The Cubs went back to what they’ve been doing all season long, taking two of three against their opponent. This time it was against their 2016 punching bags, the Cincinnati Reds. This series had a little bit of everything, so there’s plenty to discuss.
Anthony Rizzo is Heating Up
It was only a matter of time, to be honest. Rizzo was ‘struggling’ out the gate this season with only one home run and three RBI coming into the series. That all changed over the weekend when he clubbed three homers and collected eight RBI, increasing his SLG 121 points for good measure. He also hit a clutch, game-tying three-run homer on Friday to send the game into extras, a game the Cubs would eventually win.
Undoubtedly the leader of the team, if Rizzo can keep it going and get back to being that rock every team needs then the team will be even harder to beat.
Starting Pitching Becoming More of an Issue Each Week
It is early in the season, but by taking a look at the stats it’s easy to see that the Cubs’ pitching staff isn’t performing the way they’re capable of. The team has only six quality starts (at least 6 IP and less than three ER), which is tied for 8th worse in the league. They’re also giving up hard contact 33.4 percent of the time. Compared to the rest of the league and what they had last year, this isn’t a good sign:
These stats, courtesy of Fangraphs, show that not only are the starters giving up more hard contact than last year, but they’re giving it up at an above average rate. It’s no wonder the team ranks 8th in HR/FB rate (home run per fly ball); hard hit balls in the air tend to be homers more often than not. The Reds hit five long balls in the series and crushed the ball to a tune of a 78.3 percent hard-hit rate, 2nd in the league over the weekend. Last year’s team’s bread and butter was giving up soft contact while preventing hard contact, and while the starters are still inducing soft contact at an above average rate, the homers will keep piling up if the staff keeps allowing hard-hit balls.
Ben Zobrist Struggling Offensively
Ben Zobrist is certainly one of the most important players on the team. However his sluggish start to the season has made him perhaps the most underwhelming player so far. He’s sitting at a slash line of just .212/.339/.346 with two homers and only 5 RBI; not the kind of numbers you want from your cleanup hitter. By digging deeper we can see that Zobrist’s struggles may stem from his plate discipline not being as sharp as it has in recent years. Take a look at those stats, courtesy of Fangraphs:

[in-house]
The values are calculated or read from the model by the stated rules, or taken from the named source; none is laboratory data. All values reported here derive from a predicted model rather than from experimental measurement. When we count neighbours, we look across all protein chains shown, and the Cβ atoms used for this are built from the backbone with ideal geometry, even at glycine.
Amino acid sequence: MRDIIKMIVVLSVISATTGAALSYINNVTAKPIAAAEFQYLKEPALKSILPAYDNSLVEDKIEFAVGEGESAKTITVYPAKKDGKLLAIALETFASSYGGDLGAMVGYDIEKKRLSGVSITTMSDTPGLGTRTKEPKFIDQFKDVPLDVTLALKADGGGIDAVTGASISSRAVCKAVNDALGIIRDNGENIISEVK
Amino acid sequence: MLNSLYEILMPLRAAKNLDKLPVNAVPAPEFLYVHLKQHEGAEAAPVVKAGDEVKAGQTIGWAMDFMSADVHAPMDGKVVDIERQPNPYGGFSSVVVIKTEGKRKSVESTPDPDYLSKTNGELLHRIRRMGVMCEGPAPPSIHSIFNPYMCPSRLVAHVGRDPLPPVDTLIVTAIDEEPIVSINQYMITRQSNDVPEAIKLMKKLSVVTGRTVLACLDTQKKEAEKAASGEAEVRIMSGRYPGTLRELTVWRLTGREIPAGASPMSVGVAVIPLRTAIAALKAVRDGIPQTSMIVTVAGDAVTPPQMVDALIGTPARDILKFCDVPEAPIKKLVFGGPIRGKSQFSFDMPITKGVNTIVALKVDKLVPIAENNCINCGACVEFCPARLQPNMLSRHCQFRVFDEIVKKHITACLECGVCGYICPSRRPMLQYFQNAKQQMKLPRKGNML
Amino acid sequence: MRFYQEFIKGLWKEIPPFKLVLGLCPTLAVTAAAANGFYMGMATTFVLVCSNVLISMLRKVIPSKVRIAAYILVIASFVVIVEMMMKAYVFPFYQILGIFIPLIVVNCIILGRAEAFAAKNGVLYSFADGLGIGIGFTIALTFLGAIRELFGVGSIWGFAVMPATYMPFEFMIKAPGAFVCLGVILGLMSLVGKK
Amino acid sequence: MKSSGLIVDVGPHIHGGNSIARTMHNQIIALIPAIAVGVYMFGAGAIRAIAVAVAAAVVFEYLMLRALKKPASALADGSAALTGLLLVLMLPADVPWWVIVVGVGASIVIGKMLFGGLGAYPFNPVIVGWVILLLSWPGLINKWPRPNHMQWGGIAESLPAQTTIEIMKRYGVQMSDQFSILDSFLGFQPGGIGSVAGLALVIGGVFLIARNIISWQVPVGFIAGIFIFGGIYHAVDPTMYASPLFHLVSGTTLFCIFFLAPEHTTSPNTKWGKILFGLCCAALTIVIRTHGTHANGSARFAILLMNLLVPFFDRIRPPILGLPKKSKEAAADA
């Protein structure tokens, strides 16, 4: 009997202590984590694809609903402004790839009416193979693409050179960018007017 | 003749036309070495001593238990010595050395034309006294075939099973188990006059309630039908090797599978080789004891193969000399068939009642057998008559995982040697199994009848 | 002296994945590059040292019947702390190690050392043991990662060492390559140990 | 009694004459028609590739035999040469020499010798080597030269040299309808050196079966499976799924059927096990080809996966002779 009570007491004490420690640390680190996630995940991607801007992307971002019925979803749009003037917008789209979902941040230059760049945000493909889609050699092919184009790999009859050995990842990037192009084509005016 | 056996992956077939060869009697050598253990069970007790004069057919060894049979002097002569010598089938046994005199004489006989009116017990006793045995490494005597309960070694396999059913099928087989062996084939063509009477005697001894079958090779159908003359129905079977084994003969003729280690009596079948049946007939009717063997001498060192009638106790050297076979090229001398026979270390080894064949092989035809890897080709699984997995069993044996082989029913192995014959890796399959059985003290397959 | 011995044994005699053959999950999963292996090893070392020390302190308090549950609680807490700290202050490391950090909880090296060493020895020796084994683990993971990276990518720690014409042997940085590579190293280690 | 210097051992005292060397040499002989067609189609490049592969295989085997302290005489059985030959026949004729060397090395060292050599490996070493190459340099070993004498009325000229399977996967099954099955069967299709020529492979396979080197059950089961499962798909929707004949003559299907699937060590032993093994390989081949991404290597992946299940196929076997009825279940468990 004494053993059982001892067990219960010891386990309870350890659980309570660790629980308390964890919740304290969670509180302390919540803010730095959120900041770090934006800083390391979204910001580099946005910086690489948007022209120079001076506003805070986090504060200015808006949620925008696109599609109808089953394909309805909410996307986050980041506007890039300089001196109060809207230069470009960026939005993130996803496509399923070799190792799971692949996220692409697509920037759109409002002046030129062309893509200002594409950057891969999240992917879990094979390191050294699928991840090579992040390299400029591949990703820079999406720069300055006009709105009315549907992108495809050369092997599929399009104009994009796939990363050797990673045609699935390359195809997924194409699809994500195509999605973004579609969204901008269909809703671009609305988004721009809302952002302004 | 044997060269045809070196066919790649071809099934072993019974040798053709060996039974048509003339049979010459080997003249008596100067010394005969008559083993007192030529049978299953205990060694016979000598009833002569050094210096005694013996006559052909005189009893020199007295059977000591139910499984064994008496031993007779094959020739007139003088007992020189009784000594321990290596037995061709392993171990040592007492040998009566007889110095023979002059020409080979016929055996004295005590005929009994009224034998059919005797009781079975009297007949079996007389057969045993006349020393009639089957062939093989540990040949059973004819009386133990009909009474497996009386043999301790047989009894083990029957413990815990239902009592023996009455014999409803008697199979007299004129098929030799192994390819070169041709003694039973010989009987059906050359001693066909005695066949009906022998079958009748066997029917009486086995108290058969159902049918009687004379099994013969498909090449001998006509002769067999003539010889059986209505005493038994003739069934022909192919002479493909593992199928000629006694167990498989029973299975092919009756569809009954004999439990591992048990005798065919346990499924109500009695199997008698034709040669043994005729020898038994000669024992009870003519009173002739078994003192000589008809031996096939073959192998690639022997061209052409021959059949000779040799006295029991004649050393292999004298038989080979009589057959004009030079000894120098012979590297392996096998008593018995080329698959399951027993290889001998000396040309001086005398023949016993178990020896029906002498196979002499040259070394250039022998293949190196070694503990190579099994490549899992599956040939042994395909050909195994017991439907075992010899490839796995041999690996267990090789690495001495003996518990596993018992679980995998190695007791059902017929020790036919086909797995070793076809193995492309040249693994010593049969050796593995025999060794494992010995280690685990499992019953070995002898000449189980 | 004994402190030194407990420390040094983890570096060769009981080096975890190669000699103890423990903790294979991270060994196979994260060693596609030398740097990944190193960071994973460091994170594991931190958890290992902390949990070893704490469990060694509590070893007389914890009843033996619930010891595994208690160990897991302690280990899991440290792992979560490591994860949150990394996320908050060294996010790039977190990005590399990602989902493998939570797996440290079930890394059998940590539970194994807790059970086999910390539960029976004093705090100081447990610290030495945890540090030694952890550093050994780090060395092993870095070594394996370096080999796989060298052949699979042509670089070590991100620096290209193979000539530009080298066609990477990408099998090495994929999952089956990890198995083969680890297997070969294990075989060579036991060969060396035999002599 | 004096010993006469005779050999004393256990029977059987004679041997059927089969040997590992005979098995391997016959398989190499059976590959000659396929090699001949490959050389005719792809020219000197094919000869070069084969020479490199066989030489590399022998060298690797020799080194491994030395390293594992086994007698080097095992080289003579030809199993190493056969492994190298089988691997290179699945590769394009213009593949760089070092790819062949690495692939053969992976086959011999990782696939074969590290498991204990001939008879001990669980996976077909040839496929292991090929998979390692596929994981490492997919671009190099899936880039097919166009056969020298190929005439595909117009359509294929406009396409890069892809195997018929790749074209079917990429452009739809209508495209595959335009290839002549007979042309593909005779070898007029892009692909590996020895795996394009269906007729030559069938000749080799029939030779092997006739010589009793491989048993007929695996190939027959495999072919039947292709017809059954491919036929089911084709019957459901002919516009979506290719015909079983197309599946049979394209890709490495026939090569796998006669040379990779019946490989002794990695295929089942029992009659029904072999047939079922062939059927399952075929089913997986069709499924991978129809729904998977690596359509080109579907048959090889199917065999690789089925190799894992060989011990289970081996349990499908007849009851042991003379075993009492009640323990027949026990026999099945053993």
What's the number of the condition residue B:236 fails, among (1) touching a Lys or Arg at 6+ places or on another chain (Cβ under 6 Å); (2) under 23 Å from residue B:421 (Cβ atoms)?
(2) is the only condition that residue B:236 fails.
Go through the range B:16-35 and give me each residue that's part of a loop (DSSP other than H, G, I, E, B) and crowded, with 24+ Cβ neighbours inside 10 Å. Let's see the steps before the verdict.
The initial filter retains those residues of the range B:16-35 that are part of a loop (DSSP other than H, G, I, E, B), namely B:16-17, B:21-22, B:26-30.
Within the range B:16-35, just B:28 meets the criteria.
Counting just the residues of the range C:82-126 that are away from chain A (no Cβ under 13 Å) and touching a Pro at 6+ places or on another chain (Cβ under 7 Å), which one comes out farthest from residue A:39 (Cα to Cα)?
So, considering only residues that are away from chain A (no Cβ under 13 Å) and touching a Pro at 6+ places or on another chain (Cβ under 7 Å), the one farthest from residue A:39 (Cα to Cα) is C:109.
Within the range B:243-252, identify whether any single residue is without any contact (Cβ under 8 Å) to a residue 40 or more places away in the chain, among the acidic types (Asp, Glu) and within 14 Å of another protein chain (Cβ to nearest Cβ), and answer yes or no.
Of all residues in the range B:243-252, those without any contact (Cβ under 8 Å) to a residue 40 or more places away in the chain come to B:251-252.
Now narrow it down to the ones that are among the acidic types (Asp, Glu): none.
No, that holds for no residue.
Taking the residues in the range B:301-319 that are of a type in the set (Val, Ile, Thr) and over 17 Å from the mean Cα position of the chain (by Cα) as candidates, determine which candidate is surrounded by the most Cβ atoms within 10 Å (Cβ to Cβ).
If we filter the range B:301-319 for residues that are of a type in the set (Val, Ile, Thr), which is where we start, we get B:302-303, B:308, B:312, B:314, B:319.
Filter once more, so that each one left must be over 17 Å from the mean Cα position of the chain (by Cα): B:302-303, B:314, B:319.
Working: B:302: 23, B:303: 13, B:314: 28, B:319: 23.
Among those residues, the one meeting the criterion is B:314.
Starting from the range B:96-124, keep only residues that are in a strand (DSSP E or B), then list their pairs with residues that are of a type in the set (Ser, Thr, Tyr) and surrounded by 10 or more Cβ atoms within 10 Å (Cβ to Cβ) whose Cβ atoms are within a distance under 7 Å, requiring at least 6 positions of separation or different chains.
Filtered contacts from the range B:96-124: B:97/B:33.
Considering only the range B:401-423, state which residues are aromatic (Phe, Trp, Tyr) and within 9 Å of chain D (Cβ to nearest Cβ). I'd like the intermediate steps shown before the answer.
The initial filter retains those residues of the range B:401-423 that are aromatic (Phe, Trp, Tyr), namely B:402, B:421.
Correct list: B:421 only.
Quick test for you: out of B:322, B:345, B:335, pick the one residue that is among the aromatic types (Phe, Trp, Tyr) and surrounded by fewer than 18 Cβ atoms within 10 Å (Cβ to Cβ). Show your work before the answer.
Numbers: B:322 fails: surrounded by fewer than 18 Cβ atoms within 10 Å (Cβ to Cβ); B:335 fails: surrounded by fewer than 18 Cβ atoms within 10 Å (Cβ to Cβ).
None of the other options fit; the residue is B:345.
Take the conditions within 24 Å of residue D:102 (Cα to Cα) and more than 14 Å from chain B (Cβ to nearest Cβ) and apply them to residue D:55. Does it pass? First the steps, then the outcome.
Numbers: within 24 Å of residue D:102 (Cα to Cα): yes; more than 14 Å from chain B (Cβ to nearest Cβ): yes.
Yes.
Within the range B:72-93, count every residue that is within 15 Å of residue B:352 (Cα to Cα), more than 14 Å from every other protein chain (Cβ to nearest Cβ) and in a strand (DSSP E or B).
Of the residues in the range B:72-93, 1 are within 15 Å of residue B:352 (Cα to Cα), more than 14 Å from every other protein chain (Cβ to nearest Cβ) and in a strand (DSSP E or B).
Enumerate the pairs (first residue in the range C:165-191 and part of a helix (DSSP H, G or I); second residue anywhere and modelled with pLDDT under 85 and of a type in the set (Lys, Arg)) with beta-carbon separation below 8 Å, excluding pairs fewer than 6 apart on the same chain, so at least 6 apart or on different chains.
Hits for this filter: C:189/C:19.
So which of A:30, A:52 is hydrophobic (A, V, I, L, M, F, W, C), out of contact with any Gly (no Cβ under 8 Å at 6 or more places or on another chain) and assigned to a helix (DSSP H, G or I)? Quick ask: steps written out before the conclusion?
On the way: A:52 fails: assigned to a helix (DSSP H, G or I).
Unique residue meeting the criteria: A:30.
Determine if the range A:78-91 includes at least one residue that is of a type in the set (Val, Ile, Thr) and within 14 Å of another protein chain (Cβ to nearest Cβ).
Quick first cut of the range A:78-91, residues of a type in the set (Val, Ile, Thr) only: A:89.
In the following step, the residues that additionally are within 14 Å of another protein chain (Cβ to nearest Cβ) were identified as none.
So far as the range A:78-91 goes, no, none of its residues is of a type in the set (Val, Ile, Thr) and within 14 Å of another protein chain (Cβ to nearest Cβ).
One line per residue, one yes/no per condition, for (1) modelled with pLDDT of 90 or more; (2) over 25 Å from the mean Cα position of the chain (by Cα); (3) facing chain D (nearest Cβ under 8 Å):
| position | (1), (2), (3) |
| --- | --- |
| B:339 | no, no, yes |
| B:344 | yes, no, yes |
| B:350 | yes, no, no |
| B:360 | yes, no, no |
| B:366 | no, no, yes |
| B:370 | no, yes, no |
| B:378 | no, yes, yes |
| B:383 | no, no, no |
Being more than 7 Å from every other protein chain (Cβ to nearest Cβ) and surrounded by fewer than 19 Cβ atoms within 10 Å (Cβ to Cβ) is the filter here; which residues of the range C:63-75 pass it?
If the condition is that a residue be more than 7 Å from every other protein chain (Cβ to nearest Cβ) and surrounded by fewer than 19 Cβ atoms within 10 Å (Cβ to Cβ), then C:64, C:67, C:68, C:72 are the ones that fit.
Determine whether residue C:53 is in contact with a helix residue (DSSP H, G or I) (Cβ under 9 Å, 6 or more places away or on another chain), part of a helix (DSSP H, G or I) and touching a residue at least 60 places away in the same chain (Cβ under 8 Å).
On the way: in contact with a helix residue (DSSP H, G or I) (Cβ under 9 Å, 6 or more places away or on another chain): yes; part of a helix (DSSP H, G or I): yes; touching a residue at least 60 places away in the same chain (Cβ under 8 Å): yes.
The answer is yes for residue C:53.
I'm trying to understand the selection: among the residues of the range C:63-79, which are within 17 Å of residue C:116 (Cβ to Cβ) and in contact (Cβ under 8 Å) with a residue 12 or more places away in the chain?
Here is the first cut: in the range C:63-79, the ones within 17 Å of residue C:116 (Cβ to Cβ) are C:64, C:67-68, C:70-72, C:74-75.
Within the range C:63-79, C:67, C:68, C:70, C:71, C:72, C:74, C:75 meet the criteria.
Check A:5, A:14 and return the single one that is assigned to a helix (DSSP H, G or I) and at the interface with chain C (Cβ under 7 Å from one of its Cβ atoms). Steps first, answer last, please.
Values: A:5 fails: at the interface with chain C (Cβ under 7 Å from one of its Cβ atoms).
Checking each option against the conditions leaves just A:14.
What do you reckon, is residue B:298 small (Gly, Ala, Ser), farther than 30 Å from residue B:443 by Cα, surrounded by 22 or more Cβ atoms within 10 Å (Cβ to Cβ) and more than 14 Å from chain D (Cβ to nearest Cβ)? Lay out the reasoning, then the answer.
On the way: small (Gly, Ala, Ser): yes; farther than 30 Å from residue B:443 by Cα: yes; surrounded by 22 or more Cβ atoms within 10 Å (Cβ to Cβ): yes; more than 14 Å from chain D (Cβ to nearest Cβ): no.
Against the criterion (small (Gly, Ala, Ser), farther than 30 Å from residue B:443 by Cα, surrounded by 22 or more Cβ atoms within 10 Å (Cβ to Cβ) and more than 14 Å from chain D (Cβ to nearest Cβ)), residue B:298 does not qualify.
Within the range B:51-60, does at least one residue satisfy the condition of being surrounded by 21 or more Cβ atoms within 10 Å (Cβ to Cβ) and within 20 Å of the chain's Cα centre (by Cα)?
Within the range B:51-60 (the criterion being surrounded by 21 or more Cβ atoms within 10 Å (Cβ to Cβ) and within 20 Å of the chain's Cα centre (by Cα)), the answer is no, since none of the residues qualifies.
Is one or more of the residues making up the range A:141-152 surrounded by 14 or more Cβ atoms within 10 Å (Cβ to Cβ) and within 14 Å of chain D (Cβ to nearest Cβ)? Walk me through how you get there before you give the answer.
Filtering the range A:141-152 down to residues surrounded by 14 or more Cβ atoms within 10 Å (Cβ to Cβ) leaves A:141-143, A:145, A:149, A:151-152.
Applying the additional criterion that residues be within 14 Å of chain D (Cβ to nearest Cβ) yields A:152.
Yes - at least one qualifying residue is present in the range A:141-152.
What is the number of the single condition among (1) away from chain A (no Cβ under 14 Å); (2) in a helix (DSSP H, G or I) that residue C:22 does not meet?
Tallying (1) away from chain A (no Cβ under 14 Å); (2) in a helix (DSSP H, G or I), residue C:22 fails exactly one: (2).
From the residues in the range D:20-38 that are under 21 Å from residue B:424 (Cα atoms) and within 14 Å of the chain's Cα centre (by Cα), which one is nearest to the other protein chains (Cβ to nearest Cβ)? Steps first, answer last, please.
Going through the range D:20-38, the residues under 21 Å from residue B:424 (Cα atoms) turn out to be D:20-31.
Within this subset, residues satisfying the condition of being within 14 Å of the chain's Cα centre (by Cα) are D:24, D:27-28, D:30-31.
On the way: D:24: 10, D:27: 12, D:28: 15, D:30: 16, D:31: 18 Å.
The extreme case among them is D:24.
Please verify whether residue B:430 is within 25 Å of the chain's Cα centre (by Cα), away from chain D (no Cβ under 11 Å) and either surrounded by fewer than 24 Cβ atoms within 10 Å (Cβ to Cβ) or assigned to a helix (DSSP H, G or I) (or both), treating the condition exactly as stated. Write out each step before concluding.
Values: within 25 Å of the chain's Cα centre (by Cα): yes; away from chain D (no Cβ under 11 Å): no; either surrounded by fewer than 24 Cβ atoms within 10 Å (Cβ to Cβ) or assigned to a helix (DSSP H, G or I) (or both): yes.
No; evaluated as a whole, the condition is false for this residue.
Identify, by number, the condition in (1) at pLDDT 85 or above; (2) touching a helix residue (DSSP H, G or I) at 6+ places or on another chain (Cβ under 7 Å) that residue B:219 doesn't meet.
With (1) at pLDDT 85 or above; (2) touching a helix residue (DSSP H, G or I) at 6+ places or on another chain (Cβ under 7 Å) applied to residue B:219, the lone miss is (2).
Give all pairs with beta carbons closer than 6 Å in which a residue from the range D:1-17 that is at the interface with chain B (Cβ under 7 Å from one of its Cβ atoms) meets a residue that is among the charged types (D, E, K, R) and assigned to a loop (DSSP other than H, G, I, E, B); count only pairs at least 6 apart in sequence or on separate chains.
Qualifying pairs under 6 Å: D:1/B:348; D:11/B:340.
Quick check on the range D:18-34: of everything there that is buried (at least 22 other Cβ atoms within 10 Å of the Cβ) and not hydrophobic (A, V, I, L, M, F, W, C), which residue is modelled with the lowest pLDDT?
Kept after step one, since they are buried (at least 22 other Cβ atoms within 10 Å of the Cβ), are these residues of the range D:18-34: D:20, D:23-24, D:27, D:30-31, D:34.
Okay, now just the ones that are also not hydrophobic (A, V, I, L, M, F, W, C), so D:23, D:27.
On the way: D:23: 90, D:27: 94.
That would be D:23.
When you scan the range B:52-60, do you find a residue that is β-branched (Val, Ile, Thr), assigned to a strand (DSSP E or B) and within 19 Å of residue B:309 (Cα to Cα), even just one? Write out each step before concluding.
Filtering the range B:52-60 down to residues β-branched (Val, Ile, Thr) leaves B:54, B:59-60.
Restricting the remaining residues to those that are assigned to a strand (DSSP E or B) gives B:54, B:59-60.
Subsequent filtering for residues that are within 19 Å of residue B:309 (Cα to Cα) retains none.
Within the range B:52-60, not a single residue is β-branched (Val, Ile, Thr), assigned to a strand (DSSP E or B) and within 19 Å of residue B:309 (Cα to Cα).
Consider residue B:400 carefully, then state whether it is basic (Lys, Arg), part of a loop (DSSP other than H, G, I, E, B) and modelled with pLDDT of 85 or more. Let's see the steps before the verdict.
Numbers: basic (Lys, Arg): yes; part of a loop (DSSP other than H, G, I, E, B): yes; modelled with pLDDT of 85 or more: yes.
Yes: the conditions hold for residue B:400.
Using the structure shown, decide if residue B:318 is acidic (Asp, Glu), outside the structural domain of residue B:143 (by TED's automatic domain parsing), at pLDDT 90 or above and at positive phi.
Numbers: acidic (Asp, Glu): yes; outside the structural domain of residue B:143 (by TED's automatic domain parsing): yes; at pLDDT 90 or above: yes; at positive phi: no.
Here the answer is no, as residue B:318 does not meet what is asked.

By looking at the stats it’s easy to see that Zobrist’s plate discipline has taken a dive here early in the 2017 season. Not only is the veteran swinging at more pitches outside of the strike zone (something he excelled at last year), he’s making contact at those pitches at a far worse percent then he has in recent years. He’s also making contact on pitches in general at an almost 10 percent fewer clip then the past two years. He’s also swinging the bat more often, which wouldn’t be a problem if he was making contact like he has in recent years, but he isn’t. He only played in one game this series due to a back injury and did go 2-4 with a double and two runs, so maybe he’s on the rise. Nevertheless, it’ll be interesting to see if Joe Maddon makes any moves in the lineup to accommodate this sluggish start.
Jason Heyward Continues to Hit
Jason Heyward’s new swing is doing wonders. The outfielder collected four more hits and seven more RBI in the Cincinnati series, pushing his slash line up to .297/.348/.422 with 12 RBI, 2nd on the team. He also mashed his first two homers over the weekend, something he didn’t do until June of last year.
What’s interesting is his hard contact percentage is the same at this point in the season then it was all last year, but his soft contact percentage is nearly seven points lower, with his medium contact percentage also climbing. Reducing the number of softly hit balls is one of the best ways to maximize a plate appearance, as it ensures that when you do hit the ball it’s going to be barreled up and more likely to drop in for a hit. The new swing he’s implemented is doing just that, as his BABIP (batting average on balls in play) is 25% higher then it was last year. If he continues to see the ball well then he’s definitely going to be in contention for comeback player of the year.